I was not exposed to a lot of different cultures growing up. I basically had one type of friend—Christians. While I love and respect where I came from, sometimes I wish I had been more exposed to the differences around me.
In the small town in the south where I did most of my growing up, the white population made up at least 90 percent. My exposure to a minority culture was obsolete. I knew one view, one culture, one way. When my family moved to another small southern town, I was exposed to more differences, though the minorities represented were still very small. For the first time in my life I met people who were Catholic, Muslim, and Hindu. I am sad to say my lack of exposure led me to approach these differences with fear and questioning.
The shift of thought that made such a huge difference in my life was when a woman in my church began bringing her grandchildren (who were bi-racial) to our church. I’m sad to say, this was questionable in our circle back then. I remember talking with my mom about the situation. It was then that she said something that changed my thinking from that day forward: “What difference does it make if they are black, or white, or yellow? Don’t we send money overseas to support missionaries trying to reach these same kinds of people? How is that any different than being missionaries to the people we come into contact with every day?”
That tiny conversation has stuck with me to this day.
Today, as I look around the room at the women with whom I share my life, I am not surprised at the amount of differences amongst us. Some of us are pastors’ daughters who have all taken very different directions concerning the faith we were taught growing up. Another is a former Catholic who married a Jew, who now practices Buddhism. One is a very devout Catholic who is steadfast in her views. Two are searching, also brought up in Protestant households, but unsure as to where “religion” or “spirituality” fit in to their lives. I have friends who are Taoist, Hindu, Muslim, and nothing at all. This is a snapshot of any group of young people across America. This is our culture. This is the world we live in. I am grateful for the fact that, while others around me are different and believe differently, we can all teach each other important lessons.
Some people would say I should not socialize with these people. I need to find strength from people of my own faith, they say. That is true to some degree. I do have a wonderful set of Christian friends who I depend on greatly. However, I feel my greatest impact could be made with these women and their husbands that my husband and I socialize with who do not believe exactly as we do. I like that when we discuss religion, we don’t always agree. It gives us a chance to sift through our differences and explain to one another why we believe what we believe. It challenges us to know our theology better. It begs us to be strong and not surrender or compromise our beliefs.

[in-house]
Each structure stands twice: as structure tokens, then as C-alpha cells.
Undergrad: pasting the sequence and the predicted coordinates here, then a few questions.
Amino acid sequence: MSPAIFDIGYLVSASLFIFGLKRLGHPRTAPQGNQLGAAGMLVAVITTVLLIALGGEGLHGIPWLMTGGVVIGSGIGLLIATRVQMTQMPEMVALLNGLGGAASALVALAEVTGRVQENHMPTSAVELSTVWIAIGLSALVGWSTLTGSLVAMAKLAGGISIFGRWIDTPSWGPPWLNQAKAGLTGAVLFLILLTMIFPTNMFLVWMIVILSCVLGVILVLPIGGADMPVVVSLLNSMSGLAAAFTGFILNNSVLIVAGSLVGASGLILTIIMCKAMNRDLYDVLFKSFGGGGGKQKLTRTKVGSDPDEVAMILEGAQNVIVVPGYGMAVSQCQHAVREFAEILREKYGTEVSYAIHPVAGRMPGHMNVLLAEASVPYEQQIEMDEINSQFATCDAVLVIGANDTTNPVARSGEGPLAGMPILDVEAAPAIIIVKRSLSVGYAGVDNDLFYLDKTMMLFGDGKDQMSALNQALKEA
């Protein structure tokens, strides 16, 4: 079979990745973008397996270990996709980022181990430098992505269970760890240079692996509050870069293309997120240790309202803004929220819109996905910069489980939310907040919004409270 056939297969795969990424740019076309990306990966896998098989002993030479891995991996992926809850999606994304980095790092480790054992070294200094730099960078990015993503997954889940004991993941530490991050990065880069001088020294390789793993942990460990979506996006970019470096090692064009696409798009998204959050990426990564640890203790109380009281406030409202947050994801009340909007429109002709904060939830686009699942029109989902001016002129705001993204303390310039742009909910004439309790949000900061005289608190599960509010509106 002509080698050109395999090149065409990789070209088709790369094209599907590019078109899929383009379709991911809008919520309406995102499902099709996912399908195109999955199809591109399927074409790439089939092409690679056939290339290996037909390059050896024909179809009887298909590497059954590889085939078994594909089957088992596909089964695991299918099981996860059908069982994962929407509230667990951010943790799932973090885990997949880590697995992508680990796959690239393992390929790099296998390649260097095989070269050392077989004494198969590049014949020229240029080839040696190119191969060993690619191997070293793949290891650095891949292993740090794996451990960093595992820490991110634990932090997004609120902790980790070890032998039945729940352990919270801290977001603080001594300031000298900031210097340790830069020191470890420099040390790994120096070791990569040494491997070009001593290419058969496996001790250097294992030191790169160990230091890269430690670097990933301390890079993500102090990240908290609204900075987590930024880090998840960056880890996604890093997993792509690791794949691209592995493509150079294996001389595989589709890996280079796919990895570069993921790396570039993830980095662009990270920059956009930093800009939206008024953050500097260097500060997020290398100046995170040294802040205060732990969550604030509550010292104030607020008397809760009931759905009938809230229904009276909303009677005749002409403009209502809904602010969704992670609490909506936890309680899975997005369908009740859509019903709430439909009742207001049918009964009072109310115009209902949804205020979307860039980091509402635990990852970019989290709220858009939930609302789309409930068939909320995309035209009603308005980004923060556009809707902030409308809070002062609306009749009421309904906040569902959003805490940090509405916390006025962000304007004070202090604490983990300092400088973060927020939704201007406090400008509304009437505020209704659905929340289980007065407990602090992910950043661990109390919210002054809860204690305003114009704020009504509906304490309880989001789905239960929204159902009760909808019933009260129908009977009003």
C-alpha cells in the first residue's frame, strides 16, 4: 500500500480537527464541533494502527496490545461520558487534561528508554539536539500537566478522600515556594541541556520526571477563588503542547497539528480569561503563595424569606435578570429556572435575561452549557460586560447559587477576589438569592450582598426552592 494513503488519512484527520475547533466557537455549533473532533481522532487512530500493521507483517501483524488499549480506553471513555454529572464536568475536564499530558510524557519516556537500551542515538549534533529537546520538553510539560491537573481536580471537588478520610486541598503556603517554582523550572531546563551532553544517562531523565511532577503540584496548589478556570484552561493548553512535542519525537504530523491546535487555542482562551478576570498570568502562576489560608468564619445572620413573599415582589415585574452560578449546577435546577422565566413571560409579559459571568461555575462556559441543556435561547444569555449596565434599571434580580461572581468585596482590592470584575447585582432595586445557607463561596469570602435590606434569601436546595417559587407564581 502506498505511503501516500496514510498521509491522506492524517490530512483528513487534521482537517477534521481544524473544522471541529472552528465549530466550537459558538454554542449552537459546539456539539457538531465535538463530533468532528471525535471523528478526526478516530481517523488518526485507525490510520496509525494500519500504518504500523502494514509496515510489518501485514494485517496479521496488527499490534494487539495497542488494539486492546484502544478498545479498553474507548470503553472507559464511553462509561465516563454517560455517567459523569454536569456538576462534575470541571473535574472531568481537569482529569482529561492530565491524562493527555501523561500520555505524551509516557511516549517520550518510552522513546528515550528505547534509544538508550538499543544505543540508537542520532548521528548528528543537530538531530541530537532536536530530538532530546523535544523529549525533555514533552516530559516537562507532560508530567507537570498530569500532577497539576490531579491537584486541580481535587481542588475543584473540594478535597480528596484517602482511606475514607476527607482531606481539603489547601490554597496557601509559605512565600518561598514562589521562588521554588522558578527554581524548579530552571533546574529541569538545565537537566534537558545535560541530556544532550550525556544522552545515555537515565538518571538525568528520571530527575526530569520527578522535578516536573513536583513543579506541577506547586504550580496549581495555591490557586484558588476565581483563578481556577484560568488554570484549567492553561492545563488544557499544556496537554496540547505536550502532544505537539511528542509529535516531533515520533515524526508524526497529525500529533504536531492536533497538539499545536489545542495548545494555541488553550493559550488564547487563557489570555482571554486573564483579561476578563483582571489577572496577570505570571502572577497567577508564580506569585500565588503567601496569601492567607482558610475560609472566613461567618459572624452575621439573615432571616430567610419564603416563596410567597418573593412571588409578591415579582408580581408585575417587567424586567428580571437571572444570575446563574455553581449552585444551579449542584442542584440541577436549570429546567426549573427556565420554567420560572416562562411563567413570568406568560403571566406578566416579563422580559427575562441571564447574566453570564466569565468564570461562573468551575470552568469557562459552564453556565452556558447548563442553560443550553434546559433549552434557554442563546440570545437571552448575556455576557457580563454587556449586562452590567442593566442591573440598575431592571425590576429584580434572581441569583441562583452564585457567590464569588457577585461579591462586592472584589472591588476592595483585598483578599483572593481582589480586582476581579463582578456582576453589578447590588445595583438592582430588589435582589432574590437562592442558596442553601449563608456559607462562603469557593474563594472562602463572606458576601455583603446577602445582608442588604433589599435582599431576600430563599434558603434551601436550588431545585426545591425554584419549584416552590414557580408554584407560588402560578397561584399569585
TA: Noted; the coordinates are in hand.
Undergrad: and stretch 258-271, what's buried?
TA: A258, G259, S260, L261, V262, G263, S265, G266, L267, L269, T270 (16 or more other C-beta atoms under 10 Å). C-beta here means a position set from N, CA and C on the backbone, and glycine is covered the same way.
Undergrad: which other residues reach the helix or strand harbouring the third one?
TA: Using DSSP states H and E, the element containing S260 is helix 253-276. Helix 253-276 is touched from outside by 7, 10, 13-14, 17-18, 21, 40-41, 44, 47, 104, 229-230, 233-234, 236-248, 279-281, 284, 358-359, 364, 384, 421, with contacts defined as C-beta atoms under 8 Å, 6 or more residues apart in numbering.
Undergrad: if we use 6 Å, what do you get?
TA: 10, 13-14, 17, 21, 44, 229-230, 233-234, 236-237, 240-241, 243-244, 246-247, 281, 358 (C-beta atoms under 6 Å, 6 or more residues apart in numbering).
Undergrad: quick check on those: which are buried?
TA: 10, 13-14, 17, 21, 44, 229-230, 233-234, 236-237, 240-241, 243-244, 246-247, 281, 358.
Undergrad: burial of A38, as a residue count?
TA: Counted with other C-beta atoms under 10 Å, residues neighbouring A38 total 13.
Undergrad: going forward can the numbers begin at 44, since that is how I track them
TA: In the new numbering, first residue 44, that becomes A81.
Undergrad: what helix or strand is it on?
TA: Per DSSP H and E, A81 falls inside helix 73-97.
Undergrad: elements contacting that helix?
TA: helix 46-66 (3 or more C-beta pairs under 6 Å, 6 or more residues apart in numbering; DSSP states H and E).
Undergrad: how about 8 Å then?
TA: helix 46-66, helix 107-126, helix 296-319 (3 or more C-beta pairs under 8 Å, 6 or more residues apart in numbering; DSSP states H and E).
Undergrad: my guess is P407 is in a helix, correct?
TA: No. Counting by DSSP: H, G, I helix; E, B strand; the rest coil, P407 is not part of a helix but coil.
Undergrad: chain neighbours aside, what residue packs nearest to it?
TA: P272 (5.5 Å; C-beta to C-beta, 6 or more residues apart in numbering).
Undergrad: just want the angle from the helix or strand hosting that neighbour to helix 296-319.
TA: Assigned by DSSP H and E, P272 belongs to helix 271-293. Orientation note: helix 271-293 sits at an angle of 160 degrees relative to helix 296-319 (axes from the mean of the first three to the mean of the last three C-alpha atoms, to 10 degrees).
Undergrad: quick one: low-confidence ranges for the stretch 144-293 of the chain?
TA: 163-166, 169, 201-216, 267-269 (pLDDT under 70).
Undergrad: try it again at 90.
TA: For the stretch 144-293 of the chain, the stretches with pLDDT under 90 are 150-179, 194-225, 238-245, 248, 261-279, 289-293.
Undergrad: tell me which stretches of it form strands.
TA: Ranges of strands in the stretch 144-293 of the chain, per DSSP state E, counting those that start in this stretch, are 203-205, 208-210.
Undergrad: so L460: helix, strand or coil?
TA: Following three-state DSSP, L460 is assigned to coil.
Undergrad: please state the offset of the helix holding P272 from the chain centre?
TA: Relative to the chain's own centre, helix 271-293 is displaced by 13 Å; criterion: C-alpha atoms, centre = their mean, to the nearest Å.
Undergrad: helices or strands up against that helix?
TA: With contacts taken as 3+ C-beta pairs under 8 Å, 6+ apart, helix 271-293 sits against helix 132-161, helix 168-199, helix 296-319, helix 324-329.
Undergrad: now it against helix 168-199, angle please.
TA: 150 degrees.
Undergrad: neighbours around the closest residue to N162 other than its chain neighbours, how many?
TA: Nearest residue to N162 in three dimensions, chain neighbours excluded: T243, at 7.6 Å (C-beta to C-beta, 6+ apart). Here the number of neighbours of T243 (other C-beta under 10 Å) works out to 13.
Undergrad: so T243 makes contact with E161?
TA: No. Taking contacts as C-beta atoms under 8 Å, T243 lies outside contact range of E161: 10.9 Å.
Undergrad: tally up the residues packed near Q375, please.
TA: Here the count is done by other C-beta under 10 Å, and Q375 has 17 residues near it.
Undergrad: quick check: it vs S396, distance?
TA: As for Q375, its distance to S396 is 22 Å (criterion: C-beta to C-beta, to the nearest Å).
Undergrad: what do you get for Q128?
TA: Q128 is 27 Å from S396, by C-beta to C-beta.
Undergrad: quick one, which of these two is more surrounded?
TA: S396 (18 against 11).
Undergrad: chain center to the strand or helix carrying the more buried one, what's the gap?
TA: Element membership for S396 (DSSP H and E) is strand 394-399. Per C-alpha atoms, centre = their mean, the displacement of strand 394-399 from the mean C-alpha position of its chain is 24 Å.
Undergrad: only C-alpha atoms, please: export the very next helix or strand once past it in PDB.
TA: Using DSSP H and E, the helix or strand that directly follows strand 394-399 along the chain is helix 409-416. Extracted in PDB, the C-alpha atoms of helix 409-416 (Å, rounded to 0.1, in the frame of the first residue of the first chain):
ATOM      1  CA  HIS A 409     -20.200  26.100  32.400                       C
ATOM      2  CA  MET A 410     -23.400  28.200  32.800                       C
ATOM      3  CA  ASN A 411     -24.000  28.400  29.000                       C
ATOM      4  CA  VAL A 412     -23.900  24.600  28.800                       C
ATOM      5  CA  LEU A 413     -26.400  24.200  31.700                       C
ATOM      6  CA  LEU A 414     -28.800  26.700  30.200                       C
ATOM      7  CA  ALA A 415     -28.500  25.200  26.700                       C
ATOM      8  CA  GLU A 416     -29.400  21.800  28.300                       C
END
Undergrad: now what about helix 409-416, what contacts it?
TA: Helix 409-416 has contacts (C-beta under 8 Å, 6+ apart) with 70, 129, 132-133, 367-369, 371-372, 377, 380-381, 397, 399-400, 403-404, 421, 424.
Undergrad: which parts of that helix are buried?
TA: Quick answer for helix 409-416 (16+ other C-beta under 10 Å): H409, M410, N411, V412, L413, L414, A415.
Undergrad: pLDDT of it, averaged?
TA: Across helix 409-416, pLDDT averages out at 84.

I find it interesting that so many Christian people I know only expose themselves to others who believe exactly as they do. If your practice is to only associate with people who believe exactly as you do about every issue, at the end of the road, you will only be left with yourself.
I am so tired of Christians living a life of fear. Afraid to speak up. Afraid to be labeled. Afraid to be associated with things or people who are different. So afraid of becoming “of the world” that they are no longer “in the world” either.
Please don’t put me off as someone who doesn’t care about holy and blameless living. It’s just that I am burdened for my friends. I pray for them daily. But they don’t tear me down because they have different beliefs. As a matter of fact, they make my faith stronger. They challenge me to know my beliefs and my God more than some of my Christian friends do. I look at the way they handle crisis and failure, and yes even blessings and joy, and it reminds me that my outlook is different. My hope is different. The way I respond to life and death is different. And I think they notice. My God is bigger than our differences and the love I show them may be the only glimpse of His love they see. So in regard to being holy, if I don’t spend time with them, I’m not being blameless.
Personally, I’ve never felt “called” to be a missionary. I have the highest regard and respect for people who do, though. Some devote their entire lives to a different country and a different people. That’s really how it should be for every Christian. None of us are “at home” in the United States. We’re all citizens of another kingdom—the kingdom of God.
There are people of different colors and religions and ways of thinking in my circle. My husband and my contact with them might be the only contact they have with a believer of Christ. It is a huge responsibility and a huge privilege.
I hope we can all expand ourselves a little. Listen to another’s view, befriend a person who doesn’t believe exactly as we do, be exposed to the way they live and where they come from. Meanwhile, be strong in your faith and represent Christ well. You may be the only representative they see. And both of you will be better for it.